UBC Theses and Dissertations

UBC Theses Logo

UBC Theses and Dissertations

Application of life-cycle approaches for the evaluation of high performance buildings Storey, Stefan


The market shift towards high performance buildings is posing a major challenge to decision- makers, designers and developers. They need to know what constitutes high performance design and practice, what the environmental consequences of decisions are, and how buildings are performing relative to anchored benchmarks. This doctoral dissertation provides building designers and operators methods on how to use life-cycle approaches to inform design and track performance. The research focuses on a case-study of the lifecycle impacts of advanced buildings at UBC, built to various standards of performance including the current best-practices (LEED standards) and the currently emerging ‘regenerative’ standard. Life-cycle approaches are used to explore simulated impact over time in terms of quantified financial and environmental metrics. The research novelty is in the integration of life-cycle models; the aggregation of compatible separate studies to provide a larger overview of building performance. Additionally, the analysis leverages the benchmarking capabilities of the UBC Life-cycle Analysis database - a high-resolution survey of 30 UBC buildings – to show that the contribution of rapid churn building products, such as information technology, contributes a disproportionally high amount to embodied impacts. The study also analyses operational impacts based on utility consumption data for 70 conventional buildings versus 10 best practices (LEED Gold) buildings at UBC with respect to building age and building type. The results show that, in contrast to previous studies, older buildings often outperform new buildings. The dissertation concludes that benchmarking and multi-stakeholder modeling life-cycle approaches are critical for informing expert opinion during decision-making. Attention to modeling construction, and ensuring broad participation is key to ‘useful’ modeling. The process of creating a life-cycle model is often more informative than modeled final results; collective understanding and communication – the basis of good decision-making – improve through participation and stakeholder interaction.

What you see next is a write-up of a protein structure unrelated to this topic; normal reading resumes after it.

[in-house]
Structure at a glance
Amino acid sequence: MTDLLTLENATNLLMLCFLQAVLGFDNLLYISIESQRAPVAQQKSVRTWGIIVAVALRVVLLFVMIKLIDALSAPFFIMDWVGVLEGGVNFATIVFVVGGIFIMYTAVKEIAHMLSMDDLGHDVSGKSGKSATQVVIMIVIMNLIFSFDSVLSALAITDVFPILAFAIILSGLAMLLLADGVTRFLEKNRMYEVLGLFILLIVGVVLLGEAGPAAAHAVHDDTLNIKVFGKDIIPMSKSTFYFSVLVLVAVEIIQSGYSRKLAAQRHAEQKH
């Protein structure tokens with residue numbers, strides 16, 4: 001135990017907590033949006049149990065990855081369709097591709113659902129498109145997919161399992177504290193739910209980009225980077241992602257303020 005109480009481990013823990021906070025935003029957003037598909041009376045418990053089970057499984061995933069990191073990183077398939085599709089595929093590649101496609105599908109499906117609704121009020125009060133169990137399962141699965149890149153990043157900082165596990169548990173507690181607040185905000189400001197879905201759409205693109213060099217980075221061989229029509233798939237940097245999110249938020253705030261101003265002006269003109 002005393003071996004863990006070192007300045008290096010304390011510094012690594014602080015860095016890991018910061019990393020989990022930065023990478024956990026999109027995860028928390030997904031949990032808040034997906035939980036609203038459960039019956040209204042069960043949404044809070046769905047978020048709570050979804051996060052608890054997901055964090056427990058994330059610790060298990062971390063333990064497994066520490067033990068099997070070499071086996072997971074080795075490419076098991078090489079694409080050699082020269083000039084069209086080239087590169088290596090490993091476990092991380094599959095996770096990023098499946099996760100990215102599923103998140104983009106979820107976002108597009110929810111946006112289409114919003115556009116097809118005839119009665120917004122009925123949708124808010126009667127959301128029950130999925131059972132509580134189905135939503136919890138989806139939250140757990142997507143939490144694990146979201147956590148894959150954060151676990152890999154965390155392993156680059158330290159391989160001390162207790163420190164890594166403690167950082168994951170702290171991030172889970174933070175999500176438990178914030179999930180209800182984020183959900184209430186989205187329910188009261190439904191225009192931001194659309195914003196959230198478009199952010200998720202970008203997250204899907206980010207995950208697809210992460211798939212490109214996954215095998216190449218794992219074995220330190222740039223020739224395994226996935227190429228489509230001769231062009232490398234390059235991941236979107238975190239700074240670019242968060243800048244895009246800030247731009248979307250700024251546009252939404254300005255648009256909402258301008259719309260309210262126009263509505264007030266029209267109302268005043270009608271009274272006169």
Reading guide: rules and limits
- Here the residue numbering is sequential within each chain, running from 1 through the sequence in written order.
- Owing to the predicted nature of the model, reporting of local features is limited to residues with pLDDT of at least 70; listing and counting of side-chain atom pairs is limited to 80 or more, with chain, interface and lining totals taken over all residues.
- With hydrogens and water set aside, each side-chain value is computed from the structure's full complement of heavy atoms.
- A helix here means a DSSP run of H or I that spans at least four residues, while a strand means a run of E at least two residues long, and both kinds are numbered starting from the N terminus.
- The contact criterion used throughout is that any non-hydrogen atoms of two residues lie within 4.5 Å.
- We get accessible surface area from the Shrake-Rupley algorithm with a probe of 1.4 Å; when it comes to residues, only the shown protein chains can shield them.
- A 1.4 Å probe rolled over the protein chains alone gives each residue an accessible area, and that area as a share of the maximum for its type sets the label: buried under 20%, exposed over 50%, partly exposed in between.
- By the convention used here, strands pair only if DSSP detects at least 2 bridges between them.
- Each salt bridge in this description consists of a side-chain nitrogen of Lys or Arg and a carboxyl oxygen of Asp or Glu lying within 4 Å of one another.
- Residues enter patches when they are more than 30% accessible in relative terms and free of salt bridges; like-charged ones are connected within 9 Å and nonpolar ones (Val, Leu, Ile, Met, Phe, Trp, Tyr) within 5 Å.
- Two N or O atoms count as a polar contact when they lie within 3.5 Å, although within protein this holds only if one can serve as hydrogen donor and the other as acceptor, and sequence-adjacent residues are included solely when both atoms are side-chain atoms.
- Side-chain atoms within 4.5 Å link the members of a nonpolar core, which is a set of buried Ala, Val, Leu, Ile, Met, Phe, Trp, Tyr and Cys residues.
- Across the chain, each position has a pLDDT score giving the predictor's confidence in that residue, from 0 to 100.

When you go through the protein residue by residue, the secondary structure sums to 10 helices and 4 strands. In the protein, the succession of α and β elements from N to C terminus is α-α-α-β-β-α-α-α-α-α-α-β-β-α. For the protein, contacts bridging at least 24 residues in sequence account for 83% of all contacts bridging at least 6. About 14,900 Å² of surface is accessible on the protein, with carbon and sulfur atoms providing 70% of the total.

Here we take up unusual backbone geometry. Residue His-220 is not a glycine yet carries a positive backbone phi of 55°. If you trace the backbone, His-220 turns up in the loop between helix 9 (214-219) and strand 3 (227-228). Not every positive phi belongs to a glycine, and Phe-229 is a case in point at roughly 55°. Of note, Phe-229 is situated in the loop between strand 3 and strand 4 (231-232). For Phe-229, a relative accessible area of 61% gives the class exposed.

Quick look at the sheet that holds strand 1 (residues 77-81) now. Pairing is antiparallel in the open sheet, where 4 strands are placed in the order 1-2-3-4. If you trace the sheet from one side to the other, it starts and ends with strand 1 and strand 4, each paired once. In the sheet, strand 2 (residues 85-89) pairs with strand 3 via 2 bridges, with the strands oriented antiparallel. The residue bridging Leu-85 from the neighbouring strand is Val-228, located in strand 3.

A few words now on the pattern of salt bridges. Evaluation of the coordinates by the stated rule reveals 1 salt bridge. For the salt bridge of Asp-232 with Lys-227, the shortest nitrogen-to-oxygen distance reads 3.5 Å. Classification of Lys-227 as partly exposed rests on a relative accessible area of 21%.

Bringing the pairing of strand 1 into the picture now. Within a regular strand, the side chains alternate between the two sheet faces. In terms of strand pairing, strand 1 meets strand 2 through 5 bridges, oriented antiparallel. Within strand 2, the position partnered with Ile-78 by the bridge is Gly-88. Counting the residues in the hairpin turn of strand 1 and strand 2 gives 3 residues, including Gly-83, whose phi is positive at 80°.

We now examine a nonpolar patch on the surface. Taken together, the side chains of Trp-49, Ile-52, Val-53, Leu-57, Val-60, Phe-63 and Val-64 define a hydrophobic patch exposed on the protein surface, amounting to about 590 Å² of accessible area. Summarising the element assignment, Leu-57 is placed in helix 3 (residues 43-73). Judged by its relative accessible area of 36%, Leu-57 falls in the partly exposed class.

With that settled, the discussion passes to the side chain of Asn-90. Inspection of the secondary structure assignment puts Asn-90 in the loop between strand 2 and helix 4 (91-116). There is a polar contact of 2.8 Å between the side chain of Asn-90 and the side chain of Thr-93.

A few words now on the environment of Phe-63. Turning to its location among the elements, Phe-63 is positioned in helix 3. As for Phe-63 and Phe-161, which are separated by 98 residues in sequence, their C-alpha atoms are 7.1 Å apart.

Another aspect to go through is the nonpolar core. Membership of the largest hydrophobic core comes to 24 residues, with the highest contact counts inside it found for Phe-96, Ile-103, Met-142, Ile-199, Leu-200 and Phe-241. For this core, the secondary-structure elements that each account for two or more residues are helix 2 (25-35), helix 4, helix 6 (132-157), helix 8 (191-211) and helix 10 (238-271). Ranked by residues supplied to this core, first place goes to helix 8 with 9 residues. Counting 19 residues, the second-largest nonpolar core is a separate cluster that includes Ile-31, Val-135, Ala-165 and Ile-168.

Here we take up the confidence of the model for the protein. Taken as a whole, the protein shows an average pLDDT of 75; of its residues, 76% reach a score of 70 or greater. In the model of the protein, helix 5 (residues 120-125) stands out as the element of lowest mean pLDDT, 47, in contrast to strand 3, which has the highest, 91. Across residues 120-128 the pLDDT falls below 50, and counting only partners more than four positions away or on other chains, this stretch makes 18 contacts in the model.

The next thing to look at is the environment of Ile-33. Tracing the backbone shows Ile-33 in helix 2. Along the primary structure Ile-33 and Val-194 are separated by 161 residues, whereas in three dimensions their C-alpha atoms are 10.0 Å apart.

Item Media

Item Citations and Data


Attribution-NonCommercial-NoDerivs 2.5 Canada